Furthermore, the enacted legislation for Bill C-14 was meant to reflect the decision of the court, however, there was a discrepancy noted between the court’s ruling and Parliament’s final bill and upon implementation there was objection amongst the general public about one of the requirements of requesting MAID being one’s natural death having a reasonable foreseeability (8). This requirement was successfully challenged during Truchon v. Quebec, where the Superior Court of Quebec ruled that the clause of reasonable foreseeability for natural death was an unjustifiable infringement of peoples’ s.7 and 15 rights (9). Along with this decision came the proposal of Bill C-7. The amendment suggested within Bill C-7 is to remove the clause of reasonable foreseeability. However, its approval within both Houses has recently been delayed due to the 5 amendments presented during the Senate’s third reading, where they seek to potentially expand access to MAID even further, through initiatives such as presenting an 18 month time limit on the blanket ban against access to MAID for individuals suffering solely from mental illnesses (10).


"The critics of this amendment assert that this change in the legislation implicitly reinforces that a life with disability is not one worth living, which would only contribute to an already problematic area of stigmatization around people with disabilities. This topic is certainly not black and white and the fact that the fight for MAID has been ongoing for 20+ years now is, in itself, a testament to the complexity of this issue."

In an effort to meet the third deadline presented by the courts after Truchon, the Government has proposed a modified version of the Senate amendments to be passed (11). This would allow for an interlude period where a joint Commons-Senate committee would be charged with reviewing the assisted dying regime, including issues related to mature minors, advance requests, mental illness, the state of palliative care in Canada and the protection of Canadians with disabilities. The committee would be required to report back, with any recommended changes within one year (12).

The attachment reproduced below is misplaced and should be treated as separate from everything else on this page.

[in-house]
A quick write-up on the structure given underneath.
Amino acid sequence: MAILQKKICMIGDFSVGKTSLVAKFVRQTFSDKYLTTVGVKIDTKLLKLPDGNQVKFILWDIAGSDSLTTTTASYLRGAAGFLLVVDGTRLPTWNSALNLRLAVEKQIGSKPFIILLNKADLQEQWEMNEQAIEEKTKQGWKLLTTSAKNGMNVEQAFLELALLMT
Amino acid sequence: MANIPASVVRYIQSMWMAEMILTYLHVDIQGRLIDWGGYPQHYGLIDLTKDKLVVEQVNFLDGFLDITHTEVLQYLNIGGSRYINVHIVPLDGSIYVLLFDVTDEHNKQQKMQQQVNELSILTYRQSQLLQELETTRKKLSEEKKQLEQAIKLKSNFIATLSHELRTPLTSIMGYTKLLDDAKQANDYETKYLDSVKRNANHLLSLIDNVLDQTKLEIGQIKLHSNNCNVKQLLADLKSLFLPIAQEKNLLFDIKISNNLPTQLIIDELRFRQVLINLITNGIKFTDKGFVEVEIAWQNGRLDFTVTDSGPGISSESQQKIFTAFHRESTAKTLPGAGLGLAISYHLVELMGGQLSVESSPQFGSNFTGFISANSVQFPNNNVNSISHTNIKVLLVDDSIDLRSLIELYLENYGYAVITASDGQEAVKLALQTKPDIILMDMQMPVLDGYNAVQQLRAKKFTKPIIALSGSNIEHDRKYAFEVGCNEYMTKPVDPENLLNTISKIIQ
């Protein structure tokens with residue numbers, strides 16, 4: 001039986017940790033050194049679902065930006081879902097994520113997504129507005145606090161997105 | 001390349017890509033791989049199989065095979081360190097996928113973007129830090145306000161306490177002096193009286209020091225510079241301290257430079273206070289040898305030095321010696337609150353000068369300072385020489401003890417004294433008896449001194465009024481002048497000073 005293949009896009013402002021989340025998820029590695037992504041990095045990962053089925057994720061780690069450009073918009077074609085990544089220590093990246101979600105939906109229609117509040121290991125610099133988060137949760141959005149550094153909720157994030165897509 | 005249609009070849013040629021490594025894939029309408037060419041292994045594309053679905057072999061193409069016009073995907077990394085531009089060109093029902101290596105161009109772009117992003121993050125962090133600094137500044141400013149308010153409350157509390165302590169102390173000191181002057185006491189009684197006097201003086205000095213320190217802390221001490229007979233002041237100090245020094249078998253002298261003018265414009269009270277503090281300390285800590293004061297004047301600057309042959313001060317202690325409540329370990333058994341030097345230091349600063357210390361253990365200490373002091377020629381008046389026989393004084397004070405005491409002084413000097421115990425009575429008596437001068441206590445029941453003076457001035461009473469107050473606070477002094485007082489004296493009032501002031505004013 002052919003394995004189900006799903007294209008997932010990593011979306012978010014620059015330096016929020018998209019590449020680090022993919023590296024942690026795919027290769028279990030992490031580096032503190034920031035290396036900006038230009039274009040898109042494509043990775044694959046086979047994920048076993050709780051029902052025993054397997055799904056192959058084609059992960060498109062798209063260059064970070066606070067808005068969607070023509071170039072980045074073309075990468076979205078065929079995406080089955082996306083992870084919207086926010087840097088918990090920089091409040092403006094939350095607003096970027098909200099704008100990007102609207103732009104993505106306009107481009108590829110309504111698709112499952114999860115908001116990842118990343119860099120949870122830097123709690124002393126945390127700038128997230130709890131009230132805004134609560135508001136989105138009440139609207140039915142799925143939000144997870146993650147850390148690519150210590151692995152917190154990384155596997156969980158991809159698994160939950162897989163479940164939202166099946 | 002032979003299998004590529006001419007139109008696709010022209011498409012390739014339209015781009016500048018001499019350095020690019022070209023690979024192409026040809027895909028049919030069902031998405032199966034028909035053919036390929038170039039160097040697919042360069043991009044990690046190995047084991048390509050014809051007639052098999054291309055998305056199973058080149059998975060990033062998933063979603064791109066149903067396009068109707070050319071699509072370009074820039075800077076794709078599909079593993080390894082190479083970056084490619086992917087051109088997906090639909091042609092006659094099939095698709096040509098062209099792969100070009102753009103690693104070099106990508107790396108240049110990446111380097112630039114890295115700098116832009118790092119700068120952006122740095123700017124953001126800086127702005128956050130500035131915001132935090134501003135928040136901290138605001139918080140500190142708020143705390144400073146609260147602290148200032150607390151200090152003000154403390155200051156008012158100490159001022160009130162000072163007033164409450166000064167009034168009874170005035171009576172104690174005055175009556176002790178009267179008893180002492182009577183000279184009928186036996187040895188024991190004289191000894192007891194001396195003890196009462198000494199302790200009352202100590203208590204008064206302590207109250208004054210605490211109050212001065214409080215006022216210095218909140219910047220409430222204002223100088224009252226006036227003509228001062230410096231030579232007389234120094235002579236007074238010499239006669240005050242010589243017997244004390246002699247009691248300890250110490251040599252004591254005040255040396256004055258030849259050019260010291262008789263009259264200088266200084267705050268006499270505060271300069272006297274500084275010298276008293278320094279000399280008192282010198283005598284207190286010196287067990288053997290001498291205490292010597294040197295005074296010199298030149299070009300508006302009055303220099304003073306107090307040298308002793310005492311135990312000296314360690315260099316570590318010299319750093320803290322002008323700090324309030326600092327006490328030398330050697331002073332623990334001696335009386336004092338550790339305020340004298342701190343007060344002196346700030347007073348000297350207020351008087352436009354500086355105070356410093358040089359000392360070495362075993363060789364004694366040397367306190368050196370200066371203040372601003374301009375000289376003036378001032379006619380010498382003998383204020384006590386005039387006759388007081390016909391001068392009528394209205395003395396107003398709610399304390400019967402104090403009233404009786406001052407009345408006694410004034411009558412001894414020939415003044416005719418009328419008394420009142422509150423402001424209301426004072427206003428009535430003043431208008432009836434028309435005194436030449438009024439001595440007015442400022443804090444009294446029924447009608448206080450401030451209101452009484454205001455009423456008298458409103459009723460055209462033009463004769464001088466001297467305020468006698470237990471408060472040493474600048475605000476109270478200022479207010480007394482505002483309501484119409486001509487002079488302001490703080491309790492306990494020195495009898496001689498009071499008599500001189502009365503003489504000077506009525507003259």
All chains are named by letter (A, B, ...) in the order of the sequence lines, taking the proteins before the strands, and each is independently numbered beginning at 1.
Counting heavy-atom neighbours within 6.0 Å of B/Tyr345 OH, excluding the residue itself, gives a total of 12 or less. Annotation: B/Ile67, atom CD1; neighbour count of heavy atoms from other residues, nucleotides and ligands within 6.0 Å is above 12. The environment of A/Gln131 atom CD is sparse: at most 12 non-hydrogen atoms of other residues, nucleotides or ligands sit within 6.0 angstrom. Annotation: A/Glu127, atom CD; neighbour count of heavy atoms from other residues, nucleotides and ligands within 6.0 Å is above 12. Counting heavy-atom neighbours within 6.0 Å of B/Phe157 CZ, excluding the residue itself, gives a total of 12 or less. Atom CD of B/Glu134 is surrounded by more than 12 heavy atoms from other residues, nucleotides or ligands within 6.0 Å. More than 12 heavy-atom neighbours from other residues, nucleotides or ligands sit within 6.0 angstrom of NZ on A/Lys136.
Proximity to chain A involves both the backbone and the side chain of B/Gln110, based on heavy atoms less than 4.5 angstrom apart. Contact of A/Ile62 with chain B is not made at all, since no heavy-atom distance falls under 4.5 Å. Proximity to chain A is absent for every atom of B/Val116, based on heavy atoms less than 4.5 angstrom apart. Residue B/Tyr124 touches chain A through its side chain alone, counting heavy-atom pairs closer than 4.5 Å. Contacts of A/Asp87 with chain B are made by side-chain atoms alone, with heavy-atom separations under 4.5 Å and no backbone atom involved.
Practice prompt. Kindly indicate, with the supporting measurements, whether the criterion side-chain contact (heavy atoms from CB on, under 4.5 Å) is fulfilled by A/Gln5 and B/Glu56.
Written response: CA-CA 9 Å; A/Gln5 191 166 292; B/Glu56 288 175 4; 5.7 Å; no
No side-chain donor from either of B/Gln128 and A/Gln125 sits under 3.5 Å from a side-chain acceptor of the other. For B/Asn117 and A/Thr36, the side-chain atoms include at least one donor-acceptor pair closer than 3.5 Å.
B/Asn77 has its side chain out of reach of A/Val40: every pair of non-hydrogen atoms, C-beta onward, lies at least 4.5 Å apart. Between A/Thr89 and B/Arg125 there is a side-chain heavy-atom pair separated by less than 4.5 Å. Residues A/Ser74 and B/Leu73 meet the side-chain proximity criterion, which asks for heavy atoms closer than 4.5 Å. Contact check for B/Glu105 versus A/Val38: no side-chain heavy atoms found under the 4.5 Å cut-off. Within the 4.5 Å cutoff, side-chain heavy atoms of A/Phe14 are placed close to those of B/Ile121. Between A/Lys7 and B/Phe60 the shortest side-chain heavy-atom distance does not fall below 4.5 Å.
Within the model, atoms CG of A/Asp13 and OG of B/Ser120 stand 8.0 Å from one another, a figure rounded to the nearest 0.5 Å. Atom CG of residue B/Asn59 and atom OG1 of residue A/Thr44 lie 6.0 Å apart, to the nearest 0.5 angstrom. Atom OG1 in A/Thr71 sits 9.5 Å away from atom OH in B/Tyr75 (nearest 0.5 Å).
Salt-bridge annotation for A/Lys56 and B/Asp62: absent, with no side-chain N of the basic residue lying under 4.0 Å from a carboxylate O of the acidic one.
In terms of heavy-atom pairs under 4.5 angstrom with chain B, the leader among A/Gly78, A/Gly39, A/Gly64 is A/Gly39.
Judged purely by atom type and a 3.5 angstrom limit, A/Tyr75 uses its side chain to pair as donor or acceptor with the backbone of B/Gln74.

MAID has been and continues to be at the core of many contentious debates. The evolving fight for access to MAID has opened up the doors to many arguments around who is eligible and what their circumstances must be to qualify them to make the choice between life and death. Removing the clause of reasonable foreseeability will help many suffering individuals end their misery, especially those who have stopped seeing a light at the end of the tunnel. However, many also reject this amendment because it could have problematic implications. Mainly around the idea of how people with disabilities are viewed. The critics of this amendment assert that this change in the legislation implicitly reinforces that a life with disability is not one worth living, which would only contribute to an already problematic area of stigmatization around people with disabilities. This topic is certainly not black and white and the fact that the fight for MAID has been ongoing for 20+ years now is, in itself, a testament to the complexity of this issue. It will be interesting to see how the government navigates the tightrope between protecting peoples’ right to die with dignity and protecting the social perception of individuals with disabilities in a manner that ensures this legislation does not demean their lives.

  1. Thomas McMorrow, “MAID in Canada?: Debating the Constitutionality of Canada’s New Medical Assistance in Dying in Law” (2018) 44:1 Queen’s LJ 69 at 70

  2. Criminal Code, RSC 1985, c C-46, s 241(1).

  3. Rodriguez v. British Columbia (Attorney General), [1993] 3 S.C.R. 519 at 520 [Rodriguez]

  4. Ibid at 535

  5. Carter v. Canada (Attorney General), 2015 SCC 5 at para 3 [Carter]

  6. Ibid at para 68

  7. Supra note 1 at 78

  8. Ibid at 82

  9. Truchon c. Attorney General of Canada, 2019 QCCS 3792 at para 12 [Truchon]

  10. Debates of the Senate, 43rd Parl, 2nd Sess,Vol 152-29 (17 Feb 2021) at 1540 (Hon. Pierrette Ringuette)

  11. Supra note 11 at 83

  12. Joan Bryden, “Government agrees mentally ill should have access to assisted dying — in 2 years”, CBC News (Feb 23 2021), The Canadian Press, https://www.cbc.ca/news/politics/maid-bill-senate-amendments-1.5924163